needed to be at Notre Dame. "They ran a picture of this beautiful
dome building on campus. I wrote away for an application the next
day and was there the next semester."
But shouldn't your first school be given at least a year's trial?
Jodi Rosnick doesn't think so. "No way. I knew the first week--the
very first day." John Woo, who transferred from the University of
Massachusetts-- Amherst to Harvard after two years, warns against
that kind of snap judgment. "It's not fair to say immediately, 'I hate
this,' because you haven't given it a chance. You shouldn't go with
your very first impression, because it takes a little while to settle in.
After two years at UMass, though, I was settled and I had friends,
but the school was still too big and impersonal for me." Jill Pope had
the luxury of a gradual transfer when she switched from Fordham
University's Bronx campus to its Lincoln Center campus. "I got to take
a couple of classes at the new school before I totally transferred. I
needed that." Jill's primary drawback was leaving her roommate.
"Domestically, I was in a happy situation. She was begging me not to
go, which made things really hard." John Duffy agrees. "The only
drag was leaving my best friend," he remembers. "Luckily, he followed
me to Notre Dame the next year." Since Harvard is just 90 miles from
UMass, John Woo visited his old school frequently. "It made adjusting
that much tougher, because emotionally I had one foot in and one foot
out," he says.
Though the reasons to transfer vary, the application process is pretty
standard. Consider some advice from an admissions counselor:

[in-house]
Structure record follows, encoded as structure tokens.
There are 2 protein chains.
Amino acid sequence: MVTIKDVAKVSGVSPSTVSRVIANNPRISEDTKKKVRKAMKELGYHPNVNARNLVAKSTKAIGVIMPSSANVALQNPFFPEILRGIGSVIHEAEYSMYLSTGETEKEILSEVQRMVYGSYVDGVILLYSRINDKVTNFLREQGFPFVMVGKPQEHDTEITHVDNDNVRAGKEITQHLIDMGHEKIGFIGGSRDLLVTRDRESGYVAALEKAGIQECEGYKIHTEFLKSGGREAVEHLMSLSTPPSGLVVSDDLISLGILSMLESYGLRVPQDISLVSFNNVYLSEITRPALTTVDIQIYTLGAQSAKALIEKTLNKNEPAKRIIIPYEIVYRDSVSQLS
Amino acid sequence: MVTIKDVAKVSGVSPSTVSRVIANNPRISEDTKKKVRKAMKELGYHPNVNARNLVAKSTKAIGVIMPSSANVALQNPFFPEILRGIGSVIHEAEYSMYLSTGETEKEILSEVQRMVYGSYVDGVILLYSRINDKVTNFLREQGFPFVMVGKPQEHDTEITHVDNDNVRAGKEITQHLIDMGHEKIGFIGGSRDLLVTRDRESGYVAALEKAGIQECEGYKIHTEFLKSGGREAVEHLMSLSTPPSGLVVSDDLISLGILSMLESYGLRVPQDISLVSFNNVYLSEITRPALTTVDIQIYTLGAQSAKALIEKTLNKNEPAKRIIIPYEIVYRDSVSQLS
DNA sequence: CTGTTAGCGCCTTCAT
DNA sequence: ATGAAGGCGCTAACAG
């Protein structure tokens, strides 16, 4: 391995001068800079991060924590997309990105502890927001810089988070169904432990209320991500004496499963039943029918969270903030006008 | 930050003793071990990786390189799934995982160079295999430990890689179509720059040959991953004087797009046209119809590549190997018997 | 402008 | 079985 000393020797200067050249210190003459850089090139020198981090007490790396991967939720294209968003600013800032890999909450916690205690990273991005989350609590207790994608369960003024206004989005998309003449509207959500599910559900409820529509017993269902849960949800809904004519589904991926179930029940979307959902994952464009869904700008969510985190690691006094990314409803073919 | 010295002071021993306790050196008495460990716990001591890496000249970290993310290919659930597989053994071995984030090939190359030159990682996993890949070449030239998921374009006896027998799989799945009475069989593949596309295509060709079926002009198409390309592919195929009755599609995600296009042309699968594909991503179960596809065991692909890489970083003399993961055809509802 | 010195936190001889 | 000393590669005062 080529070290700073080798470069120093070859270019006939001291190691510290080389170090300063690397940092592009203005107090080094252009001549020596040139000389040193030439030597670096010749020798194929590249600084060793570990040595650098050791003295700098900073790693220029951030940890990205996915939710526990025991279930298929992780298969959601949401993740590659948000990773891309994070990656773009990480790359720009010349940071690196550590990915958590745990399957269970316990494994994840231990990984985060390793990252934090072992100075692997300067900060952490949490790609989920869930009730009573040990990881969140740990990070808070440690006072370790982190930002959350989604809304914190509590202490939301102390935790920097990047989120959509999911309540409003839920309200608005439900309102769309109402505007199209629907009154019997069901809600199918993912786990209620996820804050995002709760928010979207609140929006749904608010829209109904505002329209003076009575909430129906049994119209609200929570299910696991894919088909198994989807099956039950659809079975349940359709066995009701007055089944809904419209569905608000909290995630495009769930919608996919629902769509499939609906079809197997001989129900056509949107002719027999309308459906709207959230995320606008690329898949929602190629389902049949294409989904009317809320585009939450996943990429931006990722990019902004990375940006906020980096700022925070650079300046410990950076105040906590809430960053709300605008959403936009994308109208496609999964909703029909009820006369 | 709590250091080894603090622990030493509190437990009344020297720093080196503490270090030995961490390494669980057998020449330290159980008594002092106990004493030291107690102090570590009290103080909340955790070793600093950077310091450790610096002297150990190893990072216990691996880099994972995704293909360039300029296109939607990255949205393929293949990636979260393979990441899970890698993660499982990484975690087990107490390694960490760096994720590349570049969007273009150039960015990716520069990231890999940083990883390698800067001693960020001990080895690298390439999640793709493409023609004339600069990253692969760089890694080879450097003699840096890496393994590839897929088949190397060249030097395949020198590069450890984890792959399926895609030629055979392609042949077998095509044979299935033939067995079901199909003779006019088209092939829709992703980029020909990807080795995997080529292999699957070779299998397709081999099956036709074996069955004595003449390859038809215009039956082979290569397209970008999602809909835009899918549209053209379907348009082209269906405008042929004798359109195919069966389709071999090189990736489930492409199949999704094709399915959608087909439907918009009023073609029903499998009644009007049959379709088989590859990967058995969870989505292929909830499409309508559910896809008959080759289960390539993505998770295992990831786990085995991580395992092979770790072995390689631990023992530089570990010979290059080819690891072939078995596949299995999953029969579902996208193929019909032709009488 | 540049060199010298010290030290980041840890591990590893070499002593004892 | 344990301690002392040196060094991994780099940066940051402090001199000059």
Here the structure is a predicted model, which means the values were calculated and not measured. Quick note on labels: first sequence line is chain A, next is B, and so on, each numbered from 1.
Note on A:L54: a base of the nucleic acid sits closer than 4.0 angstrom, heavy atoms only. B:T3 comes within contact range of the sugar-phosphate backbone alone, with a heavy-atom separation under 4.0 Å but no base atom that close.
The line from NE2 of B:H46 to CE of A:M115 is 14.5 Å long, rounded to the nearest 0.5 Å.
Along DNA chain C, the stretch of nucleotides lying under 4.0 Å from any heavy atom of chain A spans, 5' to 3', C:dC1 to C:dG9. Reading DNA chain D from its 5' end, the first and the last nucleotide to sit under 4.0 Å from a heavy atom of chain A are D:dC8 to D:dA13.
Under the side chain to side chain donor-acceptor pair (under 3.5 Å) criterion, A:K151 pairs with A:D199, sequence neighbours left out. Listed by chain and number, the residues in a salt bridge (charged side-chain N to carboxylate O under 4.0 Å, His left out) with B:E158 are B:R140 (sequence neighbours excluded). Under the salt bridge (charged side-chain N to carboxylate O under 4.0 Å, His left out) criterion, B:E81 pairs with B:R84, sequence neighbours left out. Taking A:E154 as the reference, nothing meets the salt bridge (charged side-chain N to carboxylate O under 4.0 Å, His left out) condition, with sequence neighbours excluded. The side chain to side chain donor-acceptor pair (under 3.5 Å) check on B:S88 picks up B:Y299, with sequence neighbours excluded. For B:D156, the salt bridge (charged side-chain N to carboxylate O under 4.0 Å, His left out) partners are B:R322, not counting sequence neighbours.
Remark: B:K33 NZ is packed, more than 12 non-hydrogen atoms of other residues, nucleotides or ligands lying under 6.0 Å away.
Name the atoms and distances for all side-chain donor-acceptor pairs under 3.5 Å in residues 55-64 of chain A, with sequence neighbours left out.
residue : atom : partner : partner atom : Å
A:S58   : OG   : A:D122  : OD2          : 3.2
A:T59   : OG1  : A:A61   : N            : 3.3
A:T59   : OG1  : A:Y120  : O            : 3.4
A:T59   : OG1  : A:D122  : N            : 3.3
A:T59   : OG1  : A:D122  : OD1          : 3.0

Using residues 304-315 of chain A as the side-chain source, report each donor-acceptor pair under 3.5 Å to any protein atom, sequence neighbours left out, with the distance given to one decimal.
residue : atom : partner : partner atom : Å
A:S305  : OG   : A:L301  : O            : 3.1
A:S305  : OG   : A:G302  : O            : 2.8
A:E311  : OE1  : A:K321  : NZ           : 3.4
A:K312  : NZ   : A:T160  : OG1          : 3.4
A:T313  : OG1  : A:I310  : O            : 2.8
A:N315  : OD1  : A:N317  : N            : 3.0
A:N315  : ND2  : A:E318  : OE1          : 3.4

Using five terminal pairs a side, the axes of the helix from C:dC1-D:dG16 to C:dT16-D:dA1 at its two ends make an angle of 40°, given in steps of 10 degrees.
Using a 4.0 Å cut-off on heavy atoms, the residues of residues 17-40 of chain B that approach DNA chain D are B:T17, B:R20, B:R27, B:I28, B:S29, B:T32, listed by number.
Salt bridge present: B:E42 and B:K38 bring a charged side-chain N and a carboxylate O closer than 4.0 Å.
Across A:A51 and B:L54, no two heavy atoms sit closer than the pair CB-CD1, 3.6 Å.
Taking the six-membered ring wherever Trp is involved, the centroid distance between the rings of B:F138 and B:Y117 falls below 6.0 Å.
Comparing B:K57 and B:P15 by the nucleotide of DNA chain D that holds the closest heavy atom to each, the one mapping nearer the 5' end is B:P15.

Get organized. Since you may be fighting a lack-of-focus/
fear-of-commitment stigma, it's especially important to meet deadlines
(of course, the earlier, the better). Work your reason for want-ing to
transfer into your personal statement. Find a professor who'll write
you a good recommendation.
Get great grades. John Duffy says, "The reason I got into Notre Dame
the second time I applied is because I aced my first semester at
Indiana. The ugly reality seems to be that all they look at are grades."
Maybe not always, but grades from your first college are pretty good
indicators of how you will do at your second college.
Take as many basic classes as you can stomach. You'll always have
room in your aca-demic suitcase for core classes like American
Literature. But consider Kabuki Theater Then and Now the swimsuit
you'll never use. Not that unusual classes aren't valid, it's just that
the credits may not transfer--and then you'll have to play catch-up
while you adjust to an entirely new scene. Talk to an admissions
counselor about what classes will be accepted. Also, plan to meet
with someone in financial aid to see how your package might change.
Conduct reality checks frequently. Much of the hoopla that schools
afford freshmen isn't extended to transfer students. "Harvard didn't
do much to integrate their transfers. We all had to live together off
campus," laments John Woo. Jodi Rosnick agrees, "I was put in with
freshmen who'd already had an orientation, and I learned that I had
to take the initiative to meet other people." The best thing to do is
realize that in time, you'll find your place and settle in. And if not,
well, you could always transfer . . . again.
(This article originally
appeared in the February 1995 issue of Seventeen.)
Copyright 1995 K-III Magazine Corporation. All rights reserved.